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Posts Tagged ‘Mathematics

“With the sextant he made obeisance to the sun-god”*…

 

exam-final-Fig5_Boombaar_HSM

A practice exam in the navigation workbook of C. J. Boombaar (1727–32)

 

In 1673, in a North Sea skirmish that killed nearly 150 men, the French privateer Jean-François Doublet took a bullet that tossed him from the forecastle and broke his arm in two places. How did the precocious young second lieutenant choose to spend his convalescence? Doublet repaired to the French port city of Dieppe, where he signed up for three months of navigation lessons…

During the 16th to 18th centuries, Europeans embarked on thousands of long-distance sea voyages around the world. These expeditions in the name of trade and colonisation had irreversible, often deadly, impacts on peoples around the globe. Heedless of those consequences, Europeans focused primarily on devising new techniques to make their voyages safer and faster. They could no longer sail along the coasts, taking their directional cues from prominent landmarks (as had been common in the preceding centuries). Nor did they have sophisticated knowledge of waves and currents, as did their counterparts in the Pacific. They had no choice but to figure out new methods of navigating across the open water. Instead of memorising the shoreline, they looked to the heavens, calculating time and position from the sun and the stars.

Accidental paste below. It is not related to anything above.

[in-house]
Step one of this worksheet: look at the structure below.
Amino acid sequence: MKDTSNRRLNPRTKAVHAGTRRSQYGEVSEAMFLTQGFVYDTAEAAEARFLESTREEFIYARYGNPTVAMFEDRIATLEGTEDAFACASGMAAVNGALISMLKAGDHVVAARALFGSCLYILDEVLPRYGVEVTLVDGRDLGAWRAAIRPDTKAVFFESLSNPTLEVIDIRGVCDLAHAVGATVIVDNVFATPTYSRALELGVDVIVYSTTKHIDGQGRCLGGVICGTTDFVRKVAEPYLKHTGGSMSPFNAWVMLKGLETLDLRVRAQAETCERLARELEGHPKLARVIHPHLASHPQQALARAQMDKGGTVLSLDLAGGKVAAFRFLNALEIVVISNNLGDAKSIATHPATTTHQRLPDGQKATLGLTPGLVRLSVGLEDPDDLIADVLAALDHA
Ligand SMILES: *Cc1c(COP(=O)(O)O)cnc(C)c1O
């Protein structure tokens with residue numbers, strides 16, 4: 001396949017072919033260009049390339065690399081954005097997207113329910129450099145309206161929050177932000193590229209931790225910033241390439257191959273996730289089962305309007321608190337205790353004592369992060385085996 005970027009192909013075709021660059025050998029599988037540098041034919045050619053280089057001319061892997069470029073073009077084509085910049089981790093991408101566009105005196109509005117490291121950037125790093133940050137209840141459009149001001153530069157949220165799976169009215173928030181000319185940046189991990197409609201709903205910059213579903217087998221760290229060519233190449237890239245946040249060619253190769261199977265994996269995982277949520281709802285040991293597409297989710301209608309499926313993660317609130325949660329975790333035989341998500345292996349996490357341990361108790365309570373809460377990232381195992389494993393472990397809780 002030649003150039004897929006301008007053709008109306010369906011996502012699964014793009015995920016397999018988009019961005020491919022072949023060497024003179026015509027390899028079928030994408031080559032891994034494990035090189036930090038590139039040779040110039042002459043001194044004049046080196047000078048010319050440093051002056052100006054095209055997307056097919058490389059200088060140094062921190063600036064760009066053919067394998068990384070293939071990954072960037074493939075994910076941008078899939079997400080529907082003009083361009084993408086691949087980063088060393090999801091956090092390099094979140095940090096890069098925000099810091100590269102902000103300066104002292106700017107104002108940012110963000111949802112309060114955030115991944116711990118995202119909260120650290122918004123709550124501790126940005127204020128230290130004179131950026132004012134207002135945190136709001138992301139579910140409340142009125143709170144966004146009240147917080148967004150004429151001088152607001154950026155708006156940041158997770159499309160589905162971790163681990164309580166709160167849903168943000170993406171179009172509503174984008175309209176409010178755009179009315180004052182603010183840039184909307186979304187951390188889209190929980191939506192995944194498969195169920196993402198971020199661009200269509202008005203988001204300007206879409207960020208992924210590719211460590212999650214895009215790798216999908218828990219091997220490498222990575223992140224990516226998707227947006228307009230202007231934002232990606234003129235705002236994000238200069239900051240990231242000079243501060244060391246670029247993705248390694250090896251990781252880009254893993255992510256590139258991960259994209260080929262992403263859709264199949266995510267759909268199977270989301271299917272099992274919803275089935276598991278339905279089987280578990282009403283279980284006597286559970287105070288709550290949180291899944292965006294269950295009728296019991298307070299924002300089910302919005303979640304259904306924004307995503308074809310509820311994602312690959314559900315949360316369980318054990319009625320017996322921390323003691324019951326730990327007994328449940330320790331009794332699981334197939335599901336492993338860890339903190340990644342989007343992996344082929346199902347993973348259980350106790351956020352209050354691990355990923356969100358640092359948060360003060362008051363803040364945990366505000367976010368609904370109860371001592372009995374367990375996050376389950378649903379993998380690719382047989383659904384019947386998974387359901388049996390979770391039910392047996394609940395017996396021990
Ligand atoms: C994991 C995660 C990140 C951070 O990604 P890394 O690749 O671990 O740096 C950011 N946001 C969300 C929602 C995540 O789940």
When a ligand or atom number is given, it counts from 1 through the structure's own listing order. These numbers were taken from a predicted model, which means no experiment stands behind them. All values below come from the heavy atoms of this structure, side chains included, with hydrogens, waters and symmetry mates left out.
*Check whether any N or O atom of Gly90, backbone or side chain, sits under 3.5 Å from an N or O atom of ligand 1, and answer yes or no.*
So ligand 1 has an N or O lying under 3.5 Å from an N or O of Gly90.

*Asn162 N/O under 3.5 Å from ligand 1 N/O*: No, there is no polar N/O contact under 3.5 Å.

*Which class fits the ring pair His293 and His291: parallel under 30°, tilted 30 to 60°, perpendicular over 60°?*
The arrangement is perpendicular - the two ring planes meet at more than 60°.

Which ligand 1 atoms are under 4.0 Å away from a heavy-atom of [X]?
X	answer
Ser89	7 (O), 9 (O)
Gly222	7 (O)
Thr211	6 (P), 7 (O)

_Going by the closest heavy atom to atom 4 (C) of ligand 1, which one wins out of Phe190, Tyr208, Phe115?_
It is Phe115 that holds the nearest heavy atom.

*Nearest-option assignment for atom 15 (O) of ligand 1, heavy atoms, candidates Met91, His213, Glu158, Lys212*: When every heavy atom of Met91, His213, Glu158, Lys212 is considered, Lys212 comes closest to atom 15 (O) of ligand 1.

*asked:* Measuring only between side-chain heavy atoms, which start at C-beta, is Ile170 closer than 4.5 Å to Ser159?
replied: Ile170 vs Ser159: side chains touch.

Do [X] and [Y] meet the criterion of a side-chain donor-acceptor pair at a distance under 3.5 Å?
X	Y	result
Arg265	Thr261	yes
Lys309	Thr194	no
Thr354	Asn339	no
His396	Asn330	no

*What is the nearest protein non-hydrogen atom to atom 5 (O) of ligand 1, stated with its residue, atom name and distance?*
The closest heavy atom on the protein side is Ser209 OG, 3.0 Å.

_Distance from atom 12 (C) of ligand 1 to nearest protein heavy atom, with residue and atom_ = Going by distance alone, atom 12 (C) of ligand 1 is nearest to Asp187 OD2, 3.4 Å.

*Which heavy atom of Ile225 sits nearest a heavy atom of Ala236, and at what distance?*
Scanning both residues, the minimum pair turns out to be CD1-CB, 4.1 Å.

Celestial navigation was certainly feasible, but it required real technical skills as well as fairly advanced mathematics. Sailors needed to calculate the angle of a star’s elevation using a cross-staff or quadrant. They needed to track the direction of their ship’s course relative to magnetic north. Trigonometry and logarithms offered the best way to make these essential measurements: for these, a sailor needed to be adept at using dense numerical tables. All of a sudden, a navigator’s main skill wasn’t his memory – it was his mathematical ability.

To help the average sailor with these technical computations, maritime administrators and entrepreneurs opened schools in capital cities and port towns across Europe. Some were less formal arrangements, where small groups of men gathered in the teacher’s home, paying for a series of classes over the course of a winter when they were on shore…